Strangely enough, last week, 2 of our patients needed holes in their heads… More about that in just a bit. Throughout the ages, different civilizations have employed various versions of making holes in the skulls of humans (while still alive) in the attempt to alleviate various infirmities.
Often, it was for things like ‘letting the bad spirits out,’ or other pagan rituals. Sometimes it was appropriate, for reasons such as increased pressure in the brain caused by blood. In these cases, anthropologists can see that the patients actually survived, and the surgery was appropriate and successful. Today, there is a very (very) small and disturbed faction of people (not doctors) who believe in the medical benefits of self-trepanation (drilling a hole in your own skull). So anyways…
This brings me to Don Rodolofo, who came to the emergency department one day with his lovely family, because of his weakness and change in mental function. He is 72, and they told me that he just started to act funny for the past week, and that he couldn’t walk anymore. Previously he had been very functional, even working at times.
We did some tests to make sure he didn’t have an infection, heart attack, or problems with his kidneys and liver. All of these were normal. I asked the family about anything weird that might have happened in the last month or so; Had he fallen or hit his head? ‘Why, yes, he had,’ they replied, ‘about 5 weeks ago…’
Since he was stable, he was able to go to the city to get a Cat Scan of his brain, which you can see below. They returned with it shortly, and it was clear what the diagnosis was: Subdural Hematoma. Otherwise known as ‘blood in the brain.’
What happened was that when he had his fall, he must have set off a tiny, slow bleed in his brain which accumulated over time. Once it reached a critical volume, it pushed against the brain, and ‘squashed it,’ causing symptoms that looked very much like a stroke. This is the reason doctors often tell you to watch a person closely after they’ve had a bad fall, or concussion.
Well, I wasn’t too optimistic that we were going to be able to help him, since he had been having the symptoms for quite awhile. But after a discussion with Dr. Jeff, and some consultation with a neurosurgeon who visits us occasionally (Thanks Dr. Doug!), It was decided to move forward with drillin’ some holes in his head (known as ‘Burr Holes’).
I wasn’t there for the actual surgery, so I can neither confirm or deny whether Dr. Jeff used a hand cranked drill like the one pictured above. But what I can tell you was that the next morning, Don Ronaldo was talking, was moving the right side of his body normally, was thinking clearly, and I even think he completed the New York Times Sunday edition Crossword puzzle (in Mandarin Chinese, to boot). Ok, that’s not true. They don’t actually sell the New York times in this part of the Honduran jungle… We sent him home a couple days after.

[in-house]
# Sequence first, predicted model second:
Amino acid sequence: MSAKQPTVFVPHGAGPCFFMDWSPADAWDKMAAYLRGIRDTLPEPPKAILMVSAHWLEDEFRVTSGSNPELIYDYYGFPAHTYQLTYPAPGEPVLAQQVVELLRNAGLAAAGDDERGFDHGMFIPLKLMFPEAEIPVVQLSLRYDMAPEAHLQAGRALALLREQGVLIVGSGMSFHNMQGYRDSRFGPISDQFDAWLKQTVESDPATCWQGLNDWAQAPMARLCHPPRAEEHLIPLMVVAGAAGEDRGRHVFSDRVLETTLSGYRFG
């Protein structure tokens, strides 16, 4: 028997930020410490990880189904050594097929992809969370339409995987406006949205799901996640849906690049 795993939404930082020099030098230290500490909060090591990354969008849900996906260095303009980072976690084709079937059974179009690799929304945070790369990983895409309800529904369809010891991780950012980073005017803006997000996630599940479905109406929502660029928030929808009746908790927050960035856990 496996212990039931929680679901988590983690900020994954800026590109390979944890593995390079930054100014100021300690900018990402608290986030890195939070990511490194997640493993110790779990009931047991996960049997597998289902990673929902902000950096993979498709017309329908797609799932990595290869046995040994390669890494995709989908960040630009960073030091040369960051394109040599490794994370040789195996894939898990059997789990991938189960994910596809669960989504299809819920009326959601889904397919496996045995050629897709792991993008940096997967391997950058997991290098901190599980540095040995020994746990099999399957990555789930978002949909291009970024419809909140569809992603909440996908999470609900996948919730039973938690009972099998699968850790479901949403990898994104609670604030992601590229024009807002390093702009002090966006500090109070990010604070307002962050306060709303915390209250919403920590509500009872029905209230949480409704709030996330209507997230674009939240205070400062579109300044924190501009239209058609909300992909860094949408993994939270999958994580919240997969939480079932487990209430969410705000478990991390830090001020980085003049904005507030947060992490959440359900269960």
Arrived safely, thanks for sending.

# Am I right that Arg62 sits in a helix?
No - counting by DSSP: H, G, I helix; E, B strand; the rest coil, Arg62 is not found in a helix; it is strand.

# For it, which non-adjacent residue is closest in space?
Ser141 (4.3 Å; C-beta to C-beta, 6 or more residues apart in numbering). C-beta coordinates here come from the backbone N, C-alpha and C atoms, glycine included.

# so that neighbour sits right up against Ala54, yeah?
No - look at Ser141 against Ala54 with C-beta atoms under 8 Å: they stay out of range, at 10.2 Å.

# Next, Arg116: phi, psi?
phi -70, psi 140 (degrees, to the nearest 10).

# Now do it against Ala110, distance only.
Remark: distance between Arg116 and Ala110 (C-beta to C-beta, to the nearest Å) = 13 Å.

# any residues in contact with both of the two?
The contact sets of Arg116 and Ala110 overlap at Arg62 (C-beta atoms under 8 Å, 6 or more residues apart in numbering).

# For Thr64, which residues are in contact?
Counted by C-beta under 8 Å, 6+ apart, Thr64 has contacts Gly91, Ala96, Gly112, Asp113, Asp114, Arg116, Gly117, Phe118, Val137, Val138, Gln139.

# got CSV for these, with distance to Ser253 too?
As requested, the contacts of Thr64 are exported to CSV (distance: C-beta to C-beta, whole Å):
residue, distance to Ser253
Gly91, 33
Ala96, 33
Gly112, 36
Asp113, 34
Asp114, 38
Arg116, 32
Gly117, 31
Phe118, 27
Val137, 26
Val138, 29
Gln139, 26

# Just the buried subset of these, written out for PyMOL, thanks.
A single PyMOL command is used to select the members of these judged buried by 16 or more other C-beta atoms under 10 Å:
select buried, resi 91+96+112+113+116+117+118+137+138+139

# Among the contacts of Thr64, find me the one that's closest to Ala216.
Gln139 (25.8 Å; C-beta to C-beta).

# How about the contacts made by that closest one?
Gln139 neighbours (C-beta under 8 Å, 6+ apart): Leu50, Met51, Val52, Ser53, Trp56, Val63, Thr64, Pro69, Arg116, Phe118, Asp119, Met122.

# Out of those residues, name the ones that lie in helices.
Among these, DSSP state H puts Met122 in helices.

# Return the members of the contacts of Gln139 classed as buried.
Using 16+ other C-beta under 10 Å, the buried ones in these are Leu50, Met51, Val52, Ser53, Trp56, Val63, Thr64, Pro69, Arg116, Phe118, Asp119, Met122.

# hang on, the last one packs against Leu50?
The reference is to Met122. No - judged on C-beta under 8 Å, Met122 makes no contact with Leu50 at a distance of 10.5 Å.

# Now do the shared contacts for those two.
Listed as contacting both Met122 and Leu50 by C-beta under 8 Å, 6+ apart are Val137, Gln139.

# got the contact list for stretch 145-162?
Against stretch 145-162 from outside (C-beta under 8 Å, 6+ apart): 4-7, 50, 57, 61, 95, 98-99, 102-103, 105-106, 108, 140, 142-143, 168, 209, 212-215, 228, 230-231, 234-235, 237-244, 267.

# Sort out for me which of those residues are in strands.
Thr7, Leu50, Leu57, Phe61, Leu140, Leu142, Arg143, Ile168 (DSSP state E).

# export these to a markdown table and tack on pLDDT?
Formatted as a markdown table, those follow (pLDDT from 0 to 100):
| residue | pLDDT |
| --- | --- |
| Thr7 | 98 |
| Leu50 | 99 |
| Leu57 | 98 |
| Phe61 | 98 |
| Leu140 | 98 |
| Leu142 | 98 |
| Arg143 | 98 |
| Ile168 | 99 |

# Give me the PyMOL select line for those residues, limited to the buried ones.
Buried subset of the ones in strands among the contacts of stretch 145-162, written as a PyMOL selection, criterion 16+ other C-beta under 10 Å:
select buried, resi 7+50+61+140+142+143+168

Below is the CT of his brain. you can see where the blood has formed and is compressing part of his brain (the ventricle, fellow doctor nerds…)
Not here, or here so much, but right here…
Ironically, we had a second patient arrive at the hospital at roughly the same time, with similar symptoms. Dr. Peter quickly diagnosed “something bad in his brain.” It was unclear whether he, too, had a subdural hematoma, or whether he had a Goomba in there (this is a technical term used by doctors for tumors, and other badnesses that might be found on a cat scan; apparently, as I google the term ‘goomba‘ it’s also a derogatory term for Italian Americans that have links to the mob, as well as one of the wussy bad guys on the Nintendo Super Mario Bros video game).
Dr. Peter, Dr. Jeff, and Dr. Doug (consulting again, from the states) wrestled with what to do next. As his condition started to deteriorate, they eventually decided they had to do some digging. In his case, they used a more aggressive procedure, called a craniotomy. This is where Dr. Jeff had to actually cut a triangle of skull away, to expose his brain and ‘suck out all the bad stuff.’ It was not a tumor that they found (Gracias a Dios), just blood, which they cleaned out. Now normally this guy would be in the ICU for days, with tight monitoring, and a slow rehab. But, as Dr. Peter says, the next morning he was ‘sitting up eating corn flakes.’ He went home soon after, as well, and continues to do great.
These 2 guys are a reminder to us here at Loma de Luz that our patients do ‘better than we deserve,’ and that ‘Dios Obra Aqui,’ –God works here.